Background: Hip fractures are common in the elderly and have a high 30 day postoperative mortality. The ability to recognize patients at high risk of poor outcomes before operation would be an important clinical advance. This study has determined key prognostic factors predicting 30 day mortality in a hip fracture population, and incorporated them into a scoring system to be used on admission.
Methods: A cohort study was conducted at the Queen's Medical Centre, Nottingham, over a period of 7 yr. Complete data were collected from 4967 patients and analysed. Forward univariate logistic regression was used to select the independent predictor variables of 30 day mortality, and then multivariate logistic regression was applied to the data to construct and validate the scoring system.
Results: The variables found to be independent predictors of mortality at 30 days were: age (66-85 yr, > or =86 yr), sex (male), number of co-morbidities (> or =2), mini-mental test score (< or =6 out of 10), admission haemoglobin concentration (< or =10 g dl(-1)), living in an institution, and presence of malignant disease. These variables were subsequently incorporated into a risk score, the Nottingham Hip Fracture Score. The number of deaths observed at 30 days, and the number of deaths predicted by the scoring system, indicated good concordance (chi(2) test, P=0.79). The area (SE) under the receiver operating characteristic curve was 0.719 (0.018), which demonstrated a reasonable predictive value for the score.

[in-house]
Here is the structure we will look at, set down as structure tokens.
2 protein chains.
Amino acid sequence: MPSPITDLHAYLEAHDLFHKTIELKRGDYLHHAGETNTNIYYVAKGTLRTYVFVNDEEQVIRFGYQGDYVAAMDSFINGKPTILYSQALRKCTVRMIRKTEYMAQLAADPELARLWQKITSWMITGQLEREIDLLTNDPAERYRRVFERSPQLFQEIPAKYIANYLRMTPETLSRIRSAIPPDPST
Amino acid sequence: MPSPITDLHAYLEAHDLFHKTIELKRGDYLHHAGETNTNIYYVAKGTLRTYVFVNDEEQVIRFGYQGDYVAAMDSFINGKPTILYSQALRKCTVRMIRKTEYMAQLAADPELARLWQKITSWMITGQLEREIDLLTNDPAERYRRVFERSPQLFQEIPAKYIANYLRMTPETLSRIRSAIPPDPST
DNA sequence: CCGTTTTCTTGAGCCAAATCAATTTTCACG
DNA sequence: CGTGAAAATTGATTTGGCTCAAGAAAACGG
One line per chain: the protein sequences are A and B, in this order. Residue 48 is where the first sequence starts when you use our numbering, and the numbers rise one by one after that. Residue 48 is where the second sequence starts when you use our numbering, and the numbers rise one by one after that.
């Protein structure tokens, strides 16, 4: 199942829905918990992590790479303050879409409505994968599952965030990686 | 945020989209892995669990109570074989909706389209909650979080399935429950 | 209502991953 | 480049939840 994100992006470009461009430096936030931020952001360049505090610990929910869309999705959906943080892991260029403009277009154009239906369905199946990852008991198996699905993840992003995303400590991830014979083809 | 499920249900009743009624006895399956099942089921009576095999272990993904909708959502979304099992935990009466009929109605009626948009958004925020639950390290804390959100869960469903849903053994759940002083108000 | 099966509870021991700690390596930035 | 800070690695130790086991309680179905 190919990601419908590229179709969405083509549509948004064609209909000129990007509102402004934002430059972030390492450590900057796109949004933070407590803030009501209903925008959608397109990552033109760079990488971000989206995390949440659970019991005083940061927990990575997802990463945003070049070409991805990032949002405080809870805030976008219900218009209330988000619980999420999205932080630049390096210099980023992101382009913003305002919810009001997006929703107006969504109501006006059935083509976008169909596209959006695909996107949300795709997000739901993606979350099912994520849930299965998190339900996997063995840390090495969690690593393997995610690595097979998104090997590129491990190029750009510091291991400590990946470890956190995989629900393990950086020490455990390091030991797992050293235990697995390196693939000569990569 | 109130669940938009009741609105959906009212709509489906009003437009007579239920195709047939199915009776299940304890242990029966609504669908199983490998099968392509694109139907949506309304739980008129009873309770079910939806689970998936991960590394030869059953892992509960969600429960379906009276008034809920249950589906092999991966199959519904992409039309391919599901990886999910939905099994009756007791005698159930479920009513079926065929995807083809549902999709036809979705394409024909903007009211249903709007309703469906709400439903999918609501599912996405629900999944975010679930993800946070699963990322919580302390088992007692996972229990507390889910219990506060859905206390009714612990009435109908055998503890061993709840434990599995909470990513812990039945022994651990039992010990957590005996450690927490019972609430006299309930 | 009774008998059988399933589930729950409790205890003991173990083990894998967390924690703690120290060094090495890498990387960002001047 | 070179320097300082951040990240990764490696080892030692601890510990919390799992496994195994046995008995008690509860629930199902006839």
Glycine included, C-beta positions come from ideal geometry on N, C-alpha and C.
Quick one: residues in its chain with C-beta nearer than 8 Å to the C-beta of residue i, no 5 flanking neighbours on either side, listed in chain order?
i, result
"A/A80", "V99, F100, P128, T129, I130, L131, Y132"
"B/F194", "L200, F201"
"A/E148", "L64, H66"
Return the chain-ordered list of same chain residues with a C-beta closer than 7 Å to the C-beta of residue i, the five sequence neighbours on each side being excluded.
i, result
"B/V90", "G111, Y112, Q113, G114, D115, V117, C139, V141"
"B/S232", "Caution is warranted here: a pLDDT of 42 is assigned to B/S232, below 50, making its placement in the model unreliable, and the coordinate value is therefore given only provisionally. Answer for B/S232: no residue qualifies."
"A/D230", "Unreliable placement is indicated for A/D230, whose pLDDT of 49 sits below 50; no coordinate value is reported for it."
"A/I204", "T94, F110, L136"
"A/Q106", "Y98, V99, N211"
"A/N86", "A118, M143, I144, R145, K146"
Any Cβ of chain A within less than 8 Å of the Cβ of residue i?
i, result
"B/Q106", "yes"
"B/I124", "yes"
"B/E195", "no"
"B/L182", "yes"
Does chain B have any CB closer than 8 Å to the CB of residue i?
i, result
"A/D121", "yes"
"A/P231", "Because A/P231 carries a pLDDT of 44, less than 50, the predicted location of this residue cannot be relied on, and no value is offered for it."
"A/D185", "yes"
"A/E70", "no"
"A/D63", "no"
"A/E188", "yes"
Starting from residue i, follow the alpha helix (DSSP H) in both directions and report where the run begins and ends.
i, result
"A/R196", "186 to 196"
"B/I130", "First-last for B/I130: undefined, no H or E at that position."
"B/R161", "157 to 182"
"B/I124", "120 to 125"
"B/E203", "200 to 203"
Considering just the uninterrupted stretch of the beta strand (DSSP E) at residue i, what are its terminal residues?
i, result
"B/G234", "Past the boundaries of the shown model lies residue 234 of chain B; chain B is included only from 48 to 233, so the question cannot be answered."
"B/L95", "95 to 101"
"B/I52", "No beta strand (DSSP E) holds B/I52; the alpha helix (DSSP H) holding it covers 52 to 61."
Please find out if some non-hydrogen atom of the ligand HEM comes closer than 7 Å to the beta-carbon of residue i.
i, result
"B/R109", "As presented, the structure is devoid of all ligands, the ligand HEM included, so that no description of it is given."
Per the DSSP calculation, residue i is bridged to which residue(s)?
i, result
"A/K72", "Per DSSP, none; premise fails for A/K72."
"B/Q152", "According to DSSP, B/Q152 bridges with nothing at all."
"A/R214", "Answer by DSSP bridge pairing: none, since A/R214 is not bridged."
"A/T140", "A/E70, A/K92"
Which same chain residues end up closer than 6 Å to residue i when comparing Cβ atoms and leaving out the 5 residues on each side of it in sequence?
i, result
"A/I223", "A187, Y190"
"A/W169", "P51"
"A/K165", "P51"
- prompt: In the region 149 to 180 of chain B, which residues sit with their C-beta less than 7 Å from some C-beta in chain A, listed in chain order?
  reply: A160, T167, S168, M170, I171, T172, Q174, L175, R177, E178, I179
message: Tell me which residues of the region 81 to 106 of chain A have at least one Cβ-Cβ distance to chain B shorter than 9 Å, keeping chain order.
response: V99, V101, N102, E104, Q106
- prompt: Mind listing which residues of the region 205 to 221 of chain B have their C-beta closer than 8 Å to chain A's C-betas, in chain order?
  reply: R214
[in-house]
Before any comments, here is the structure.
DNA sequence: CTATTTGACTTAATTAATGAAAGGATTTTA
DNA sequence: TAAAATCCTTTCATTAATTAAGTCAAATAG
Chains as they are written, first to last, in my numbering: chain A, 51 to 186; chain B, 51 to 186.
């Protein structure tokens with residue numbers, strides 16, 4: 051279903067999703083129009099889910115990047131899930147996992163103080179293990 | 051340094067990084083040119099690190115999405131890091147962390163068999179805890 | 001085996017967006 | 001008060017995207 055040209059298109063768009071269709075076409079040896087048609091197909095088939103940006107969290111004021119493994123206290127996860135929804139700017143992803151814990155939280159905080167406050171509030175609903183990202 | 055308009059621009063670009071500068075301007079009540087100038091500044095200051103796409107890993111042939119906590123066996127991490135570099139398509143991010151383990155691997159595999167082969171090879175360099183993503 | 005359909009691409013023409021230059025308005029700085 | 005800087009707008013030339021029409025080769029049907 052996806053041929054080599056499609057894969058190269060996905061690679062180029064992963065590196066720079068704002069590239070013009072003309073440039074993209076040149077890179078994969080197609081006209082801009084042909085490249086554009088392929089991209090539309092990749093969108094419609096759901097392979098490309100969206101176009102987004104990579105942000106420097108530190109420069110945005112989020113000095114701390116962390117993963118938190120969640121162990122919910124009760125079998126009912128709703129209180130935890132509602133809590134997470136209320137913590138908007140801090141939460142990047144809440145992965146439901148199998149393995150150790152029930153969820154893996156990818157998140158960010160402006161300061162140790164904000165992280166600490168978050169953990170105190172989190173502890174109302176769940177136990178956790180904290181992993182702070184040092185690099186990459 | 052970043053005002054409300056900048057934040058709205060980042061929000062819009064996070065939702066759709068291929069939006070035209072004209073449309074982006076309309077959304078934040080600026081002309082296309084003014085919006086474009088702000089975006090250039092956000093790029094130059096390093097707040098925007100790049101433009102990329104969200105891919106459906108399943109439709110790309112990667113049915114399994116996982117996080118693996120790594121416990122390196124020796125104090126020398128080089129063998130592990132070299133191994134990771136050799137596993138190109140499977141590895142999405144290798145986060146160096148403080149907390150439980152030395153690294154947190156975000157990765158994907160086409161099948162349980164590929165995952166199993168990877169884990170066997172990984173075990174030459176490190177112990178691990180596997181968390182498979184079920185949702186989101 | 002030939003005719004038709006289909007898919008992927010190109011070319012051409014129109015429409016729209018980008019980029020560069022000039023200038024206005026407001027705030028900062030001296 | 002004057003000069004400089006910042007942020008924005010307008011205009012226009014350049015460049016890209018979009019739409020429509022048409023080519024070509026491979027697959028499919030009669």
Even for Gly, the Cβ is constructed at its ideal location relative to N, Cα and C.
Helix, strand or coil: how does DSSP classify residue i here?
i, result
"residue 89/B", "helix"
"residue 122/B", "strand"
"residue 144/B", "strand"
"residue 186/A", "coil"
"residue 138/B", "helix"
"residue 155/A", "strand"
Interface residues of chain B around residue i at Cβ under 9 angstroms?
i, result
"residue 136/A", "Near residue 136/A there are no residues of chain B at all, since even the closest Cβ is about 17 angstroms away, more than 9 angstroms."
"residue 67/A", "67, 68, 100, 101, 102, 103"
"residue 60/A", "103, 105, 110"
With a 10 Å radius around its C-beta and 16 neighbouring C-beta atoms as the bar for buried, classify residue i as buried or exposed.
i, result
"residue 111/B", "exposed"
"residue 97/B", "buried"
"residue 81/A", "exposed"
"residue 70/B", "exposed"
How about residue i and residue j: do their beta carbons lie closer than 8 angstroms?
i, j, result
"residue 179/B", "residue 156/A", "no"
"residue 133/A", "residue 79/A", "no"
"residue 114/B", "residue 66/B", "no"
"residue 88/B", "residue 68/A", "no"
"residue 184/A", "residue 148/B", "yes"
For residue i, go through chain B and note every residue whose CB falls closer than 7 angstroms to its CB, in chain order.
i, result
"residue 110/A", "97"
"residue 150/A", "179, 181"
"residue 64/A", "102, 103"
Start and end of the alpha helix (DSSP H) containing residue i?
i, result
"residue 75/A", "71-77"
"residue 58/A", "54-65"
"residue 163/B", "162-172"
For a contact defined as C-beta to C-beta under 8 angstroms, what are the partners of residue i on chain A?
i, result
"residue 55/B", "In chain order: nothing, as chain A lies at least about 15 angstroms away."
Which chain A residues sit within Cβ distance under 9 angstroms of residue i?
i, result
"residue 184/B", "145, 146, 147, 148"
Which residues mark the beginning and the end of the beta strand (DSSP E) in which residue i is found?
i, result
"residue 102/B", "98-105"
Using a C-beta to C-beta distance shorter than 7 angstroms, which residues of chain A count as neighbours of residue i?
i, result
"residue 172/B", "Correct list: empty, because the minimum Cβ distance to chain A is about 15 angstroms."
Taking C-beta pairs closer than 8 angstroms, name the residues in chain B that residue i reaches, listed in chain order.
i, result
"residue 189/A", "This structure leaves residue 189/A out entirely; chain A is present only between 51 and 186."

Conclusions: We have developed and validated a scoring system that reliably predicts the probability of mortality at 30 days for patients after hip fracture.